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Q & A: Plasma balls inside computers

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Most recent answer: 10/22/2007
Q:
Hello. I’m wondering, if something that utilizes the ionization of a gas, such as a plasma ball were made inside of something that contains a circuit board, would it create any electromagnetic disturbance to the device? For example, if you had a clear computer case and you created a smaller air tight case to be placed in any extra space within the computer, evacuated it of air and inserted a fill gas such as argon and placed an electrode in the internal volume of the second, smaller box (making a square plasma ball within a computer case more or less) Would it disturb the functionality of the computer itself, or would it render it completely useless? Hopefully I have elaborated enough on my question, if not please ask any questions you need in order to be able to answer my own, I’d be happy to elaborate further if needed! Thank you!
- Evan (age 18)
Maryland
A:
Hi Evan,

It sounds as if there is a risk of making the computer stop working, but it's always worth a try if you want to make a cool-looking computer.

Lots of computers sold for the gaming market these days have clear sides and tubular neon lights inside. These already do what you say -- a neon tube really is just a plasma light. You might get more electromagnetic interference from whatever high-voltage power source is needed to drive current through the plasma than you actually get from the plasma itself. I'll bet such setups ground the case of the power supply for the neon lights very well to prevent interference with the computer.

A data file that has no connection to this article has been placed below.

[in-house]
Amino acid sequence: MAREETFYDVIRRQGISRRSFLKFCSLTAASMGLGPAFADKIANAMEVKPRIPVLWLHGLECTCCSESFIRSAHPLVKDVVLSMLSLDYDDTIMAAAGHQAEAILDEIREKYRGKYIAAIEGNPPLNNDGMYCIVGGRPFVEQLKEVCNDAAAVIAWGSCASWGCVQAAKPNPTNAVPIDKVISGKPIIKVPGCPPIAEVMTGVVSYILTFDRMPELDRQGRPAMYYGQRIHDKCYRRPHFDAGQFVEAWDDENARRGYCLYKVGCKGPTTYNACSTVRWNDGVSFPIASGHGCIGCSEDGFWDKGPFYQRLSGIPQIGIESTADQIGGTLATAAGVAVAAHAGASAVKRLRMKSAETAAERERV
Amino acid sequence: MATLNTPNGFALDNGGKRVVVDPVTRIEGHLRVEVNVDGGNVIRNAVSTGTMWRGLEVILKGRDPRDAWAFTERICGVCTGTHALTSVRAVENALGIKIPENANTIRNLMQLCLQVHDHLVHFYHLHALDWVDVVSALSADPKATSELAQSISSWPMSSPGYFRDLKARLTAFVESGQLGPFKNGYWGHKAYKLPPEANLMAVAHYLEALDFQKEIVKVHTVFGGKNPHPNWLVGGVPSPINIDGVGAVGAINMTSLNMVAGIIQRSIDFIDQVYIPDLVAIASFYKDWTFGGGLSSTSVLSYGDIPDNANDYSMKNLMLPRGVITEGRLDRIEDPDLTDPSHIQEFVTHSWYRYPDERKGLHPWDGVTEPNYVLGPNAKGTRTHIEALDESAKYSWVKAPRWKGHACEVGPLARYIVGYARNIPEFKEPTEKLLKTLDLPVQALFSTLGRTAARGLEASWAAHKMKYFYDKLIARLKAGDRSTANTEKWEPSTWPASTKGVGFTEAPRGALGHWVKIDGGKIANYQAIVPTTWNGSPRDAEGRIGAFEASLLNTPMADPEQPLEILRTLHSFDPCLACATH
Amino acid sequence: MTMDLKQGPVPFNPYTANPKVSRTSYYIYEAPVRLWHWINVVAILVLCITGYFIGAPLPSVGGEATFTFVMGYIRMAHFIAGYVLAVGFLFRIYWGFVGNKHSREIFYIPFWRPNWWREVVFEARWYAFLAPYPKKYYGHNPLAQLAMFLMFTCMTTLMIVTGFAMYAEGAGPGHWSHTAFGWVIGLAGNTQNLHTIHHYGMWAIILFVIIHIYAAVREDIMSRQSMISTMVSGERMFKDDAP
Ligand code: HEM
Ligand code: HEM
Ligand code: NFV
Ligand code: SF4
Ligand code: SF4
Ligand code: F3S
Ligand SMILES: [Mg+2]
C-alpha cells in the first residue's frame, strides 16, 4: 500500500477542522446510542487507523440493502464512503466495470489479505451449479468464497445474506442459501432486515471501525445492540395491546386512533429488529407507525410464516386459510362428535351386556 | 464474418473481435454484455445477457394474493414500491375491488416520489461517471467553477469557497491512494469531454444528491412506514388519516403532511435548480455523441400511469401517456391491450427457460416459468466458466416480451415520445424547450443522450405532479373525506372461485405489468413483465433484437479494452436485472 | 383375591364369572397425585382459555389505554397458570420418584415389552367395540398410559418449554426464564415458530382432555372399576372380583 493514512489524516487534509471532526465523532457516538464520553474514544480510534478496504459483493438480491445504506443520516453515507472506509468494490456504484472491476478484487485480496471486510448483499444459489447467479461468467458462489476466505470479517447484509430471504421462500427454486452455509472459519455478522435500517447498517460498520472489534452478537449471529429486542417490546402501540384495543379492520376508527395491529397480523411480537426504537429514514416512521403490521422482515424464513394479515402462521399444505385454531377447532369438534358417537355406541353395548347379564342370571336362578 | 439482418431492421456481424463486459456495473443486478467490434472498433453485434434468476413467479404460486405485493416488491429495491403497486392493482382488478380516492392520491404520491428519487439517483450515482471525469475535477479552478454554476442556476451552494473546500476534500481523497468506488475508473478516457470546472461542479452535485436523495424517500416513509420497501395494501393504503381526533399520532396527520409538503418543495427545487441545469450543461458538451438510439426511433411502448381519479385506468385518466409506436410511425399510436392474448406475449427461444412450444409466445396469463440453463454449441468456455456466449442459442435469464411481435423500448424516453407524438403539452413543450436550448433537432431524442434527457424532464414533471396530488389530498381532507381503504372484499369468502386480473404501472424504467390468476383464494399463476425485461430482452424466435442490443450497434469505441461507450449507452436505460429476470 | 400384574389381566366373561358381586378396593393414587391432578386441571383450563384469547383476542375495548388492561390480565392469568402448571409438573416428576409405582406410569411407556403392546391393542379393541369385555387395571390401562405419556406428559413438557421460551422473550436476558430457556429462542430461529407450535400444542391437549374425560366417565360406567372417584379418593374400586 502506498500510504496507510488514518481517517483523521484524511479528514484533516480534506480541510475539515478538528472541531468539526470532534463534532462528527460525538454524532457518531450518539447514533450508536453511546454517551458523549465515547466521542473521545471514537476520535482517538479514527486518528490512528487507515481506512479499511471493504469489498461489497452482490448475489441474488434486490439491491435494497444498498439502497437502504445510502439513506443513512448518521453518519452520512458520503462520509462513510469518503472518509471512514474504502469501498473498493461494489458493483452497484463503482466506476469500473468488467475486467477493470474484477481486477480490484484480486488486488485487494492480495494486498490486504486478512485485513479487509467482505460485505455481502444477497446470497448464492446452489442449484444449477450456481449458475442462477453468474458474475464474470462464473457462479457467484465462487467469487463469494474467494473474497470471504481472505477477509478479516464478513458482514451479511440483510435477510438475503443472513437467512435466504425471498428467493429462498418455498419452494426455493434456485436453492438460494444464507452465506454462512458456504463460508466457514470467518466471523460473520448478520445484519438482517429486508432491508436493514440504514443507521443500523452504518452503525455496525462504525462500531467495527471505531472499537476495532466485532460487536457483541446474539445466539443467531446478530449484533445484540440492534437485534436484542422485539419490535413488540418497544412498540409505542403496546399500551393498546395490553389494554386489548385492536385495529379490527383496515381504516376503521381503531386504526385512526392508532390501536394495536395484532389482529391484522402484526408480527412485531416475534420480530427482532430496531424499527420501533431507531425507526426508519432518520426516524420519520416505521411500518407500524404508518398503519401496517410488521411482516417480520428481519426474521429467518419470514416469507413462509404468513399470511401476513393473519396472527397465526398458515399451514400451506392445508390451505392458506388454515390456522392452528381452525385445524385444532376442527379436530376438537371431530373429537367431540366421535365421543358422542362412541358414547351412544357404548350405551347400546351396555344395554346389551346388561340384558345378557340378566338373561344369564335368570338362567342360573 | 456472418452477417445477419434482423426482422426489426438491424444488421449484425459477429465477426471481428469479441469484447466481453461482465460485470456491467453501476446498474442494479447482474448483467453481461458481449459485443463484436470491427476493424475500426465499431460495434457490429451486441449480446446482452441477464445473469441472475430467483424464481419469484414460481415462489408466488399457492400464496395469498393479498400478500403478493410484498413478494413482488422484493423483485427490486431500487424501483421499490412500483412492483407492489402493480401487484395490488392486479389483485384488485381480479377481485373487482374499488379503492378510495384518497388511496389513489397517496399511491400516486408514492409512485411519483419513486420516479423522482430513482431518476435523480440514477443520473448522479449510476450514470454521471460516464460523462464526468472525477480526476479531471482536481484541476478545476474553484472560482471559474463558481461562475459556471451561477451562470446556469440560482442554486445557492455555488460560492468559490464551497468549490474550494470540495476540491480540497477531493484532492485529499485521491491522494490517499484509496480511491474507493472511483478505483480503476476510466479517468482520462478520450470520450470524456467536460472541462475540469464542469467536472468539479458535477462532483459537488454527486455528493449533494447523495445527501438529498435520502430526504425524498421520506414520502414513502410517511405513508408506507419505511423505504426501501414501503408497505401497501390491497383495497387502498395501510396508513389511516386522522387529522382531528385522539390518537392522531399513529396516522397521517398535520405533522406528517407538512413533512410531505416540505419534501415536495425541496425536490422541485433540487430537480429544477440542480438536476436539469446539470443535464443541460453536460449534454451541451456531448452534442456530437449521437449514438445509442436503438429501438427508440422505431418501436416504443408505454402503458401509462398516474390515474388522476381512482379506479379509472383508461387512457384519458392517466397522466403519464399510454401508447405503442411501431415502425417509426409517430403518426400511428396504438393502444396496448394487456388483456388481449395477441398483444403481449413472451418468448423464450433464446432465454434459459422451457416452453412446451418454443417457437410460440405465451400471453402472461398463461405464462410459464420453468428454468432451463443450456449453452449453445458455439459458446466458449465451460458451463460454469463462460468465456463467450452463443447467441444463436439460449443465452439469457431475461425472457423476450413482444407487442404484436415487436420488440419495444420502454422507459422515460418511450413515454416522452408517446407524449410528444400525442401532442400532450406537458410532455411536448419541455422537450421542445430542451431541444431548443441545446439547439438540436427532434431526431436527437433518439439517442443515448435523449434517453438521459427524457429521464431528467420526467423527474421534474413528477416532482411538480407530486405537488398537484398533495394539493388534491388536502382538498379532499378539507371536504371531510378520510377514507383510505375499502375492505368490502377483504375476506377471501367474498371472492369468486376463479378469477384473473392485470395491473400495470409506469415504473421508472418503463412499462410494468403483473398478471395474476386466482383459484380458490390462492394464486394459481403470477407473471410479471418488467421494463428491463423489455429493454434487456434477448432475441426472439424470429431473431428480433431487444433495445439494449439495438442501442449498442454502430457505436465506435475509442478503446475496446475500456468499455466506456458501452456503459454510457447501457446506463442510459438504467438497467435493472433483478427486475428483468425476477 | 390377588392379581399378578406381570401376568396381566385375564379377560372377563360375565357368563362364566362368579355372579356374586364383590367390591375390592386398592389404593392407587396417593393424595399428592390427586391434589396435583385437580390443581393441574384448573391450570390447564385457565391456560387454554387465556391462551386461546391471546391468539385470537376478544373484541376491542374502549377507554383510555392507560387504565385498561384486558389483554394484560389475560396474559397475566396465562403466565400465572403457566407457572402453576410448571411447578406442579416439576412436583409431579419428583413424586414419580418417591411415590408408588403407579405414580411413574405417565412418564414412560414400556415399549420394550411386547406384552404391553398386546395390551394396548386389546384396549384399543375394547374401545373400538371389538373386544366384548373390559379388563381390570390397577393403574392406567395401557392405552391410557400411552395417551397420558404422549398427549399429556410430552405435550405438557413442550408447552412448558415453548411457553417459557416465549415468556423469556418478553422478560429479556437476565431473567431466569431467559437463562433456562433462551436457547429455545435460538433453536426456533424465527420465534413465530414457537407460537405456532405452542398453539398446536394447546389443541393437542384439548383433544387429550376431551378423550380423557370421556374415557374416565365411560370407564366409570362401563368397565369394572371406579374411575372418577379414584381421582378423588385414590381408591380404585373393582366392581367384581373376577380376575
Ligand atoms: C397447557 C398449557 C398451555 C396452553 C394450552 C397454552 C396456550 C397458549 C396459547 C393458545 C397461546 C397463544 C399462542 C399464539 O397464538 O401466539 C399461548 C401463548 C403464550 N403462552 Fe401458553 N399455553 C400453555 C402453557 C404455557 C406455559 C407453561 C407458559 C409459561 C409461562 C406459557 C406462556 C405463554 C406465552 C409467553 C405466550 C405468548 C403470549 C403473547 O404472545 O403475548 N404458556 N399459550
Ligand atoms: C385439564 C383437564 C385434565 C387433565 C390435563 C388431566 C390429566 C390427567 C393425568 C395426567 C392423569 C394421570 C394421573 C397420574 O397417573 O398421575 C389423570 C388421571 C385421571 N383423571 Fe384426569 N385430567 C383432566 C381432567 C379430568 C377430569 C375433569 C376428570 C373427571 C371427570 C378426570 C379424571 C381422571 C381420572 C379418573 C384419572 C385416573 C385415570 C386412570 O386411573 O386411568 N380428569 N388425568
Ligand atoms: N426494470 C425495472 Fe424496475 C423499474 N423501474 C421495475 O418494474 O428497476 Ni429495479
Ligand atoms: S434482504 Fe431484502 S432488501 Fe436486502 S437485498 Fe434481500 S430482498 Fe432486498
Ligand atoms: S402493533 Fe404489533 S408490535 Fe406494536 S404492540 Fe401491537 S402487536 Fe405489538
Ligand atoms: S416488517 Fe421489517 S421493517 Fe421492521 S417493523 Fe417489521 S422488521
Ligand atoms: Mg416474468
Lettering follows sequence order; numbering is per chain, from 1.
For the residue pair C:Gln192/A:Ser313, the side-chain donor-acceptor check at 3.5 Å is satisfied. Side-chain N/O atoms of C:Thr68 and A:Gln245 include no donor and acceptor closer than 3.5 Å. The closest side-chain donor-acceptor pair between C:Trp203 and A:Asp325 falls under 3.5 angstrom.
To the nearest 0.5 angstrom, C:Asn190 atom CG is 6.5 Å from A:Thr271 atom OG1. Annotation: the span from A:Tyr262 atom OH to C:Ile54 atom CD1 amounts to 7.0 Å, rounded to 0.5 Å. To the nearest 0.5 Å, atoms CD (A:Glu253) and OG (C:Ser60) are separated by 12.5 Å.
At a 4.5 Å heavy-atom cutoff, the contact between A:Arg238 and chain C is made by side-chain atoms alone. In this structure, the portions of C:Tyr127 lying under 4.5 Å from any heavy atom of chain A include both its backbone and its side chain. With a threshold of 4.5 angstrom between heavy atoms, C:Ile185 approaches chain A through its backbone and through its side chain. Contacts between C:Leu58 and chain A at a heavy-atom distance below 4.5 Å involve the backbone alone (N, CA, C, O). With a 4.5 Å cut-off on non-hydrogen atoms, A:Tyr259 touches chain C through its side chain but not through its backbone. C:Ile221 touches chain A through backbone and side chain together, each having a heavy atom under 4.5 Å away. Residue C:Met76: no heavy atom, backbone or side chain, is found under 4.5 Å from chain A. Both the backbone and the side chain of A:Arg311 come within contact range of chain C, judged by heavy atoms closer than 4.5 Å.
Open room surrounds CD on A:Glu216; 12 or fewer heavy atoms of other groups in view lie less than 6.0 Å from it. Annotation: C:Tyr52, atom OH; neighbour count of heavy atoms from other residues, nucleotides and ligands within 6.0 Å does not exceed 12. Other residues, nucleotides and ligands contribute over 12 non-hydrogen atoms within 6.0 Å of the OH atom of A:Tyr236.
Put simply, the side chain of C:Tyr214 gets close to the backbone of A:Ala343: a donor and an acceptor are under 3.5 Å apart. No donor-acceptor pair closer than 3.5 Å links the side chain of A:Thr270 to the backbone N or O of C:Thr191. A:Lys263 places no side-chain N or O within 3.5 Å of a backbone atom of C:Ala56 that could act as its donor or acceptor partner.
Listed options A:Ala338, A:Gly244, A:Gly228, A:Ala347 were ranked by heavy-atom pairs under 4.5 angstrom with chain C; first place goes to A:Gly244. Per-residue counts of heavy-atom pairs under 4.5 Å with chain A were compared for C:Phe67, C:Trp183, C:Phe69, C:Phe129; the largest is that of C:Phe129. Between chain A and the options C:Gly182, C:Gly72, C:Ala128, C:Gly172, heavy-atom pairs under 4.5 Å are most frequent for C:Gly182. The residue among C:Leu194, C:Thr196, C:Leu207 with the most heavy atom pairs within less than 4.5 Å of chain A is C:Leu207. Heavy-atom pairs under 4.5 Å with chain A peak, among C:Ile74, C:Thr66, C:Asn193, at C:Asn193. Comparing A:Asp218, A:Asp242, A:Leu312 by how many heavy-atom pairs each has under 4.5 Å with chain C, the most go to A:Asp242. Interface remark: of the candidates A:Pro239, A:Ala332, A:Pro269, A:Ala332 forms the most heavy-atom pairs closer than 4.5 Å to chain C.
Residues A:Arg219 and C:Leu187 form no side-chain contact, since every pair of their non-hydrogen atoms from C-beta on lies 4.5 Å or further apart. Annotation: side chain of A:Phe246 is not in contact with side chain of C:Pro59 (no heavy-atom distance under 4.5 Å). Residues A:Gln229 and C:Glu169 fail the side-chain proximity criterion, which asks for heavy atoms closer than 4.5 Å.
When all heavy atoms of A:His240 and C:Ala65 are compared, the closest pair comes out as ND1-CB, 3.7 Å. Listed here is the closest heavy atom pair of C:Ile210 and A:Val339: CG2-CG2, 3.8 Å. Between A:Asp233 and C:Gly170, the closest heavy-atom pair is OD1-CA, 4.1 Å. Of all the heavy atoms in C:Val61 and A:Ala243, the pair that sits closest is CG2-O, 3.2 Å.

Anecdotally, I can mention that I used to have an old chess computer (1980 vintage or so), that ran on TTL (5-volt signals) internally; it had a Z80A processor chip inside. Whenever I used it underneath a desktop fluorescent light, it would sporadically fail. It could be that the power supply in the thing was marginal and it barely ran to begin with, and adding only a little bit of ambient electrical noise pushed it over the edge into failure, who knows. These days, voltages are usually 2.5 or 3.3 volts (and even less inside the chips, but they have metal grounding planes to prevent noise pickup), so it could be that it takes less to corrupt the signals. Your sensitivity to EM interference inside the computer also depends on how the cables are laid out. Circuits that make big, open loops act as good EM interference antennas. It'll probably take some experimentaiton to see what works.

Tom

I suspect that a plasma ball will give even worse interference than a neon light, because the plasma pattern flickers all over the place. Failure will be sensitive to the worst paatterns, or the worst flickers, not to the average behavior.
Mike W.

(published on 10/22/2007)

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